Basil Rathbone
(1892 - 1967)
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South African-born Basil Rathbone was the son of a British mining engineer working in Johannesburg. After a brief career as an insurance agent, the 19-year-old aspiring actor joined his cousins repertory group. World War I service as a Lieutenant in Liverpool Scottish Regiment followed and he won the Military Cross (a considerable feat) for bravery during the conflict. A rapid ascension to leading man status on the British stage followed and Rathbone's movie debut was in the London-filmed The Fruitful Vine (1921).

Tall, well profiled, and blessed with a commanding stage voice, Rathbone shifted from modern dress productions to Shakespeare and back again with finesse. Very much in demand in the early talkie era, one of Rathbone's earliest American films was The Bishop Murder Case (1930), in which, as erudite amateur sleuth Philo Vance, he was presciently referred to by one of the characters as 'Sherlock Holmes'. He was seldom more effective than when cast in costume dramas as a civilized but cold-hearted villain: Murdstone in David Copperfield (1934), Evremonde in Tale of Two Cities (1935).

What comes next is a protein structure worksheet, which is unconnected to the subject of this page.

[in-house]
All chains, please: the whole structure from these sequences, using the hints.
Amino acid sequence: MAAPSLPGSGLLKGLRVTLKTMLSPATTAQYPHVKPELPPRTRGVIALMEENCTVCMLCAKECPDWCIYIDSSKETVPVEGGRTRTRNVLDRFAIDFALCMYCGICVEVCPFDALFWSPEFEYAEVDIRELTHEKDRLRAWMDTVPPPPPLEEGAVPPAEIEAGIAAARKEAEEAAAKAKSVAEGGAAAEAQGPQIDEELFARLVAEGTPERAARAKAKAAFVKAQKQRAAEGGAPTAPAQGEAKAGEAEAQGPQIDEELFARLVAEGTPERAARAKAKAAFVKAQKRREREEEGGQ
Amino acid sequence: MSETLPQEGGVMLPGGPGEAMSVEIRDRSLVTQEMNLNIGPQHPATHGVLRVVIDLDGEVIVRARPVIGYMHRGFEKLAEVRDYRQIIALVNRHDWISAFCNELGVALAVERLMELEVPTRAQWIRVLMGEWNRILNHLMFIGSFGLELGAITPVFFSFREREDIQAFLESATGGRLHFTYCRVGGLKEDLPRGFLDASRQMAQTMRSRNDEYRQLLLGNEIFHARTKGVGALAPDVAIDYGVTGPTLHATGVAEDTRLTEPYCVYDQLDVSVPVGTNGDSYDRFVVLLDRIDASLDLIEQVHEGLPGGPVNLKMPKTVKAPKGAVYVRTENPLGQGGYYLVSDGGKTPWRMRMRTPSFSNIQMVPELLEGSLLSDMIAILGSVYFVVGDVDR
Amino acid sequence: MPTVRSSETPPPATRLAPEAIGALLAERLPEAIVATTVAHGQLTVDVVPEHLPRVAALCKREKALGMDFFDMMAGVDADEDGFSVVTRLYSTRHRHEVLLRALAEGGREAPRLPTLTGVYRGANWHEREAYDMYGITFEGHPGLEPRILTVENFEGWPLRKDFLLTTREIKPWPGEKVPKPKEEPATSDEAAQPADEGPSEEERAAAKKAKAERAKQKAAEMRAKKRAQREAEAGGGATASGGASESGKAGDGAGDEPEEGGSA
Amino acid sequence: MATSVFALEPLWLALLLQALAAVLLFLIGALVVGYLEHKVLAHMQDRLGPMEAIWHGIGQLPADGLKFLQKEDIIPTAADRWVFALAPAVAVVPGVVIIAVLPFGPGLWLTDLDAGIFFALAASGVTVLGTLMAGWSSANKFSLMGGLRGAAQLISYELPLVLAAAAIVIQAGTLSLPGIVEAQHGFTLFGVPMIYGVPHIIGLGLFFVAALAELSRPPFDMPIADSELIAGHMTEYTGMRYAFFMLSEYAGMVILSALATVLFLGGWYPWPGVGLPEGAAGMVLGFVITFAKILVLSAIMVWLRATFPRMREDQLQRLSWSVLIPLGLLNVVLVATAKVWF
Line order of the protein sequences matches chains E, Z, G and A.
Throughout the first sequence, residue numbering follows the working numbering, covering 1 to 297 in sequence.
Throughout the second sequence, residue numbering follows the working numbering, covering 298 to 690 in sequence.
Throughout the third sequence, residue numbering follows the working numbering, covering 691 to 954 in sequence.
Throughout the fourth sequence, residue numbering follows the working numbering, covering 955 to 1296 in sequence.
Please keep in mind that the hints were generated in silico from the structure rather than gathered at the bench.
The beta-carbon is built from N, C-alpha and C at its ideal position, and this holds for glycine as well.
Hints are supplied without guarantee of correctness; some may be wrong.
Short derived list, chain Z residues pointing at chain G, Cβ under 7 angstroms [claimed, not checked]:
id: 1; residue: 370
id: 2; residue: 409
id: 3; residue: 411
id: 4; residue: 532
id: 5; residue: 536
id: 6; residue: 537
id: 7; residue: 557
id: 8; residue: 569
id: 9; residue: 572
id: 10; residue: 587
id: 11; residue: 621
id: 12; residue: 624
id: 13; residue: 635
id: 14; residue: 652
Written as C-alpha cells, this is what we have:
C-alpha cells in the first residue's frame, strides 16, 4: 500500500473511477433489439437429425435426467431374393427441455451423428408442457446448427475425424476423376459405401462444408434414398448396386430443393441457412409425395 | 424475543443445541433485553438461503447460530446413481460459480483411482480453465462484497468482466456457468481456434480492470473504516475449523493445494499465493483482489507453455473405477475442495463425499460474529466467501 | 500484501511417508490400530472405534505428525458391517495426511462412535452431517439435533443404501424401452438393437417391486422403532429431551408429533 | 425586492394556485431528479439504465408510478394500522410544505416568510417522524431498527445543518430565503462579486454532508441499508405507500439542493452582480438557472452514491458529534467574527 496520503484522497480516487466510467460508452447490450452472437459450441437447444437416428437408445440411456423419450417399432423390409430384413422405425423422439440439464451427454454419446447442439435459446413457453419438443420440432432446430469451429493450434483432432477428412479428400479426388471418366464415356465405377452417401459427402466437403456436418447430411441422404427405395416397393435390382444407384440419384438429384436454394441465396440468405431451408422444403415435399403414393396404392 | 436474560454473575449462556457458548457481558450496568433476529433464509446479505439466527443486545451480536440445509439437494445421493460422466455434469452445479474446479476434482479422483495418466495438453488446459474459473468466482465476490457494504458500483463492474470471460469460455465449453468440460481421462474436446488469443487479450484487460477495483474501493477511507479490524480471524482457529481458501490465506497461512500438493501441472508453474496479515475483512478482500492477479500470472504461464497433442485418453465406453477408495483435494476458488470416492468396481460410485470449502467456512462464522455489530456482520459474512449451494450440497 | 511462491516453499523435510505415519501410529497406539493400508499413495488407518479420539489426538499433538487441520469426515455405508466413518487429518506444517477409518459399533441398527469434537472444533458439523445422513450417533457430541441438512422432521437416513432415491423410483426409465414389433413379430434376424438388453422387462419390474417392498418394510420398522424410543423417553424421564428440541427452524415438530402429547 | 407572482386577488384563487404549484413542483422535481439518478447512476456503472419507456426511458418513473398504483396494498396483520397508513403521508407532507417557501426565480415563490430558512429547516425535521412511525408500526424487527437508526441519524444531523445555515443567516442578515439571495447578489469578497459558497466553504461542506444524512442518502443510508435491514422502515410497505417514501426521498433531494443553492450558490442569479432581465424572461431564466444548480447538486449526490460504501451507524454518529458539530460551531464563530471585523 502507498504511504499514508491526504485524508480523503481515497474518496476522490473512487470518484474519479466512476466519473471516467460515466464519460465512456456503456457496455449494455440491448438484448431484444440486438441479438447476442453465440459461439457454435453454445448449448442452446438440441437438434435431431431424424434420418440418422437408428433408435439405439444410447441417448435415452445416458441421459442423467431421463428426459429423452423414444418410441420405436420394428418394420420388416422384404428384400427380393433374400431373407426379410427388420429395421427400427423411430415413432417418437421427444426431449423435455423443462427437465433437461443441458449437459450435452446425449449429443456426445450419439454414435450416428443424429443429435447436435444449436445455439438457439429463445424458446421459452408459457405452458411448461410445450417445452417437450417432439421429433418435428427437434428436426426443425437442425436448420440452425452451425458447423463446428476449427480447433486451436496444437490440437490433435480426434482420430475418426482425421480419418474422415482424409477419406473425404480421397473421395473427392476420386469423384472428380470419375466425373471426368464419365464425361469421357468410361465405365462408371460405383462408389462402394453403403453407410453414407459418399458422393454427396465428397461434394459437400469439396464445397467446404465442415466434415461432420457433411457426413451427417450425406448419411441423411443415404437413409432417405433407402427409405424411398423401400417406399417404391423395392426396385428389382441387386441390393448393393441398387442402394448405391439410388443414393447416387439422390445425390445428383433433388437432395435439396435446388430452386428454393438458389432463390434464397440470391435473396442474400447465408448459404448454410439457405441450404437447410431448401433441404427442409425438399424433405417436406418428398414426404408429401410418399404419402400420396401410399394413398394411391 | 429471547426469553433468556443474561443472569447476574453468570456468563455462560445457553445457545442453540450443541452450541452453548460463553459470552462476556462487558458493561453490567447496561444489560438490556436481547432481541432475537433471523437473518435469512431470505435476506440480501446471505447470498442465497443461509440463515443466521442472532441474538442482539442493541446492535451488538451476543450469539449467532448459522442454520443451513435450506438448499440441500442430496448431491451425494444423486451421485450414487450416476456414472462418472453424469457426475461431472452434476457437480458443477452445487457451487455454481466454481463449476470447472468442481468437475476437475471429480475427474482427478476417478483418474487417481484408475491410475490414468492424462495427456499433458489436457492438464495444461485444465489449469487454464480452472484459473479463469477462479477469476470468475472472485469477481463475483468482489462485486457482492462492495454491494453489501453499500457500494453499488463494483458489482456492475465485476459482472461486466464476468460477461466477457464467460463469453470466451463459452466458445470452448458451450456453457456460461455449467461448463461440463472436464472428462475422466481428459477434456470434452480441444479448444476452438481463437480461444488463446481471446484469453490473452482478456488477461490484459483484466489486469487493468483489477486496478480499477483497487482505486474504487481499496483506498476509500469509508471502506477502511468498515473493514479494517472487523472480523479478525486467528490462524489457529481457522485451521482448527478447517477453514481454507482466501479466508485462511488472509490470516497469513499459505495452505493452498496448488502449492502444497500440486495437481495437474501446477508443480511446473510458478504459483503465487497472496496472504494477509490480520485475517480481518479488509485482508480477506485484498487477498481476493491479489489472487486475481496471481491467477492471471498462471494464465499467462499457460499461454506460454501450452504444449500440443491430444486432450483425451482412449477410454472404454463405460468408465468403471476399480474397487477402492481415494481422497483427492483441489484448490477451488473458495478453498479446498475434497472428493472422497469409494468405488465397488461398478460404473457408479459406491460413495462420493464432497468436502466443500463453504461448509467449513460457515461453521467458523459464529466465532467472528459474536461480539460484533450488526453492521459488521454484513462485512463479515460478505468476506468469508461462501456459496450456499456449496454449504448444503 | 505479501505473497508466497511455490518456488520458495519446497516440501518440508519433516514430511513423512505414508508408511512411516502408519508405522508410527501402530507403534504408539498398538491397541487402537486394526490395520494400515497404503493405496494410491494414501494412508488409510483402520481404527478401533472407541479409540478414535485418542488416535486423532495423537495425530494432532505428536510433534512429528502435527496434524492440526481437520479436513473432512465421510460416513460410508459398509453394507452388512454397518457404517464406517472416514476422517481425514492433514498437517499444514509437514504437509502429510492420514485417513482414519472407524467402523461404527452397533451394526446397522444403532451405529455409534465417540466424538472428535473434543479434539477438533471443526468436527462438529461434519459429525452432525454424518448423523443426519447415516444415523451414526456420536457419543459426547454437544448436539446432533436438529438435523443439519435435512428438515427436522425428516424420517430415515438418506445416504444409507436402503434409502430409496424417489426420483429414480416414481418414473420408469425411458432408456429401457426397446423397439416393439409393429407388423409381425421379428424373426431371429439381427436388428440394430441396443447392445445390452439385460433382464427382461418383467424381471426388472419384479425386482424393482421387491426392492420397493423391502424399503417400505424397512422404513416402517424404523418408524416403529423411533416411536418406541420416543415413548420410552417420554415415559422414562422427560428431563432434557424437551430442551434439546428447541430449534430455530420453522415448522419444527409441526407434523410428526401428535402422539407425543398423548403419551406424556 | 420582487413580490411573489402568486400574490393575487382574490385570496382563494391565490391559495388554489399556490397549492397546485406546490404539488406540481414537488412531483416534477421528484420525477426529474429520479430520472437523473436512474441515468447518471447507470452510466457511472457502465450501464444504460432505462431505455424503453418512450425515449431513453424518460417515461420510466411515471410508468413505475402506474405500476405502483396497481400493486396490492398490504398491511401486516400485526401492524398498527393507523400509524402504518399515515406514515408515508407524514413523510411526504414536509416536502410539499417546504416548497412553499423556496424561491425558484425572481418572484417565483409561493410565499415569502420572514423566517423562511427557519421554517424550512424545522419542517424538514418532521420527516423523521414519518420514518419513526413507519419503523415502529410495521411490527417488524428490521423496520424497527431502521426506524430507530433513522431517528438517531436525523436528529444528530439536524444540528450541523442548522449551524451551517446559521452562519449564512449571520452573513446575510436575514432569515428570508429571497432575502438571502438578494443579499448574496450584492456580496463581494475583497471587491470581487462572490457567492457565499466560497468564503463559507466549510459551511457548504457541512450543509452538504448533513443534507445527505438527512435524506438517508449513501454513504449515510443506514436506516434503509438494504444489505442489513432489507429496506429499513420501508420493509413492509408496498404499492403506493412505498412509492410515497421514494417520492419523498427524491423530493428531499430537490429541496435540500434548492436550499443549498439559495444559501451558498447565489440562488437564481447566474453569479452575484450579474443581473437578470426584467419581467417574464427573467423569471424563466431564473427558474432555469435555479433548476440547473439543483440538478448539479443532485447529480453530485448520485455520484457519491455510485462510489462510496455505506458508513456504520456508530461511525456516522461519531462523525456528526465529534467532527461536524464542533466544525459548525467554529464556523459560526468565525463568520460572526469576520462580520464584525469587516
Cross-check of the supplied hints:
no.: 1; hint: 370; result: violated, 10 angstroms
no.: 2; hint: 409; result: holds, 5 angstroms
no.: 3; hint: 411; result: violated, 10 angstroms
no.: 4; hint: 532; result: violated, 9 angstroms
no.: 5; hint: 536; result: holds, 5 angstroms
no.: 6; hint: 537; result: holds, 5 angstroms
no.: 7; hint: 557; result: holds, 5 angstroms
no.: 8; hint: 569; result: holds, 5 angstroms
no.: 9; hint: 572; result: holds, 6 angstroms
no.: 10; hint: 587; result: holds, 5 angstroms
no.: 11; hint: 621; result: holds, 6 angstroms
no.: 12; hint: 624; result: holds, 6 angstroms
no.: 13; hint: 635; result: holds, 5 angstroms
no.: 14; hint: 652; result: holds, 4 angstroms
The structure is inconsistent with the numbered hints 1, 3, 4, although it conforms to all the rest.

Rathbone was a good friend of Robin Hood star Errol Flynn, and a far better swordsman. He was greatly admired for his athletic cinema swordsmanship, particularly as Sir Guy of Guisborne in the long fight scene in Robin Hood. Other noteworthy swordfights appear in The Mark of Zorro and The Court Jester (1955). The later duplicates a scene in the former in which Rathbone slices a candle in two and leaves it burning.

Never content with shallow, one note performances, Rathbone often brought a touch of humanity and pathos to such stock 'heavies' as Karenin in Anna Karenina (1936) and Pontius Pilate in The Last Days of Pompeii (1936). He was Oscar-nominated for his portrayals of Tybalt in Romeo and Juliet (1936) and the crotchety Louis XVI in If I Were King (1938).











 

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